I have enjoyed watching several AFL games over the past few years – but even this limited interest has recently waned. The dominance of match reports, sick, injured and drunk player reports, tribunal hearings, tipping guides and, most recently, events associated with the suspension of Ben Cousins, that have dominated the Melbourne public media over the past weeks, leave me suffering from footie indigestion. Moreover, with only a month of autumn gone, the footie season has only just started.
It is not only boring – the obsession with AFL is an indictment of what is an asinine aspect of Melbourne’s culture and of course, part of the general Australian obsession with sport.
I tire of the AFL dominating news broadcasts and lunchtime conversations. I don’t care if players in this game get suspended, suffer injuries, make love with other team-player’s wives, fight in bars, stick white powder up their noses, go into rehab or get sympathy messages from Shane Warne. I don’t care if Melbourne is, or is not, the sporting capital of Australia. AFL is a sporting game and, beyond the game itself, players are unworthy of the attention given to them.
Indeed, I suspect many of them might not enjoy the media spotlight. Certainly the egos it helps build seem unhealthy. Very plausibly the over-exposure is partly a sickness associated with the incentives facing commercial television. Interviewing players and describing the details of the latest scandal or poor performance is a cheap way of filling out spaces between advertisements in news programs and I suspect, despite the vast sums cited, a relatively cheap way of filling out other programming time as well. Commercial television news in Melbourne is dominated by football reporting. Moreover, the sickness is creeping into the ABC’s television coverage and, like a southern-based cane toad invasion, has spread Australia-wide.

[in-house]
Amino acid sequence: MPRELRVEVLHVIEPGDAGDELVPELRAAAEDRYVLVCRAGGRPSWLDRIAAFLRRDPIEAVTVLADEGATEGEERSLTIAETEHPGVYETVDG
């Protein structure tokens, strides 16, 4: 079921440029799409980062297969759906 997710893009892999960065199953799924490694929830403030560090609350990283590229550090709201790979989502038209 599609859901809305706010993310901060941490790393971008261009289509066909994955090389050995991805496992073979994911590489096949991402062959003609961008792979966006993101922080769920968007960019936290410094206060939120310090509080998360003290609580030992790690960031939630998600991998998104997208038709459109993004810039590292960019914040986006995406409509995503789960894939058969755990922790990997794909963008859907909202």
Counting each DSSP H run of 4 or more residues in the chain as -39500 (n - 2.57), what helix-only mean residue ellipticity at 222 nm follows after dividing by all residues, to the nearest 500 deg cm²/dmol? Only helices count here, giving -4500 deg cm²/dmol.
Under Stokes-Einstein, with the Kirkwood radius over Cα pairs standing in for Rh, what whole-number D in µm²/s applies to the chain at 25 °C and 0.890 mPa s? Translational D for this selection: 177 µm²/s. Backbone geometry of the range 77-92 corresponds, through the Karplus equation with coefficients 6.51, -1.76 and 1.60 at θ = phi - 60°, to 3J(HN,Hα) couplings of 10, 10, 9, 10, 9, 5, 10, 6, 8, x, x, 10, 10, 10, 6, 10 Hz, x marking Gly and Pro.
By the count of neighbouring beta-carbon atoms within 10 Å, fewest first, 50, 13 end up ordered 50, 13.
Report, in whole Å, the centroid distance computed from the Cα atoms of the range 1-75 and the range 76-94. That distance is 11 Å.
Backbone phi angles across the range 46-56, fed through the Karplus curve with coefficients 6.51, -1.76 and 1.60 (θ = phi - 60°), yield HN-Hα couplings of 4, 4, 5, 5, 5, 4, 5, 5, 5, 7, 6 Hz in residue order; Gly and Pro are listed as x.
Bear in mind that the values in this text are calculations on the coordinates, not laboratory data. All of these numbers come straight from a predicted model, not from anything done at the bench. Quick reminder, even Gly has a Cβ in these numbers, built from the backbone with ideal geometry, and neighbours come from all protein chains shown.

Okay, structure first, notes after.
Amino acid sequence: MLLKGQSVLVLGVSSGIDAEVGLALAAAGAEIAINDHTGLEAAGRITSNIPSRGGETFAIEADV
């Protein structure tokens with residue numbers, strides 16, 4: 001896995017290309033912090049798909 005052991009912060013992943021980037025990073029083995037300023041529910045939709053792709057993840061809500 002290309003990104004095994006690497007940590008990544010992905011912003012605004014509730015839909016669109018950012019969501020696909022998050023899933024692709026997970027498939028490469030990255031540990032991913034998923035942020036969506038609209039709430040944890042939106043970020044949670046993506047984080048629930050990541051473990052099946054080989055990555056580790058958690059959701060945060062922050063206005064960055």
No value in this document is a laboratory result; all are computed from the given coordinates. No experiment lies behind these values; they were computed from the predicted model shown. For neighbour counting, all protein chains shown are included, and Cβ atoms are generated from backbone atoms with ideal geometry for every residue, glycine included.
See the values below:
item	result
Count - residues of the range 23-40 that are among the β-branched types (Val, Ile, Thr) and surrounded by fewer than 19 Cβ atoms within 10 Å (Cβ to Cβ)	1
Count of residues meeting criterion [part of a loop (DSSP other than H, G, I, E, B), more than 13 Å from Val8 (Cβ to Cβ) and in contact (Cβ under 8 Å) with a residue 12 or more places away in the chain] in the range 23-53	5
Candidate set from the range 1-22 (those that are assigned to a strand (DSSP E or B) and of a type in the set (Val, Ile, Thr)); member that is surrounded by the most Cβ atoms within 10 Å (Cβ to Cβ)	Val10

This obsession is partly exaggerated. It does not fairly reflect demand – 2.5 million Australians attended AFL matches last year but 2.7 million attended the theatre. About the same number of people watched Rugby League as went to a classical music concert while more went to a dance performance. The ‘couch potatoes’ who stayed at home prefer movies and sport to the football.
OK I am overstating the issue a bit and being somewhat hypocritical. I am, in fact, a fan of watching cricket – although not of talking about it or hearing gossip about Shane Warne’s mobile phone bills. On TV, I only watch cricket intensively over the Xmas break. And I don’t really dislike football – indeed I’ll start taking my son top AusKick over the next few weeks. It is just that there is an overexposure to the trivia associated with football. I am completely disinterested in such detail and have convex preferences – my tastes don’t specialise to a single form of entertainment.
How to change things? I am unsure – the Anti-Football League has recently been reconstituted. (97)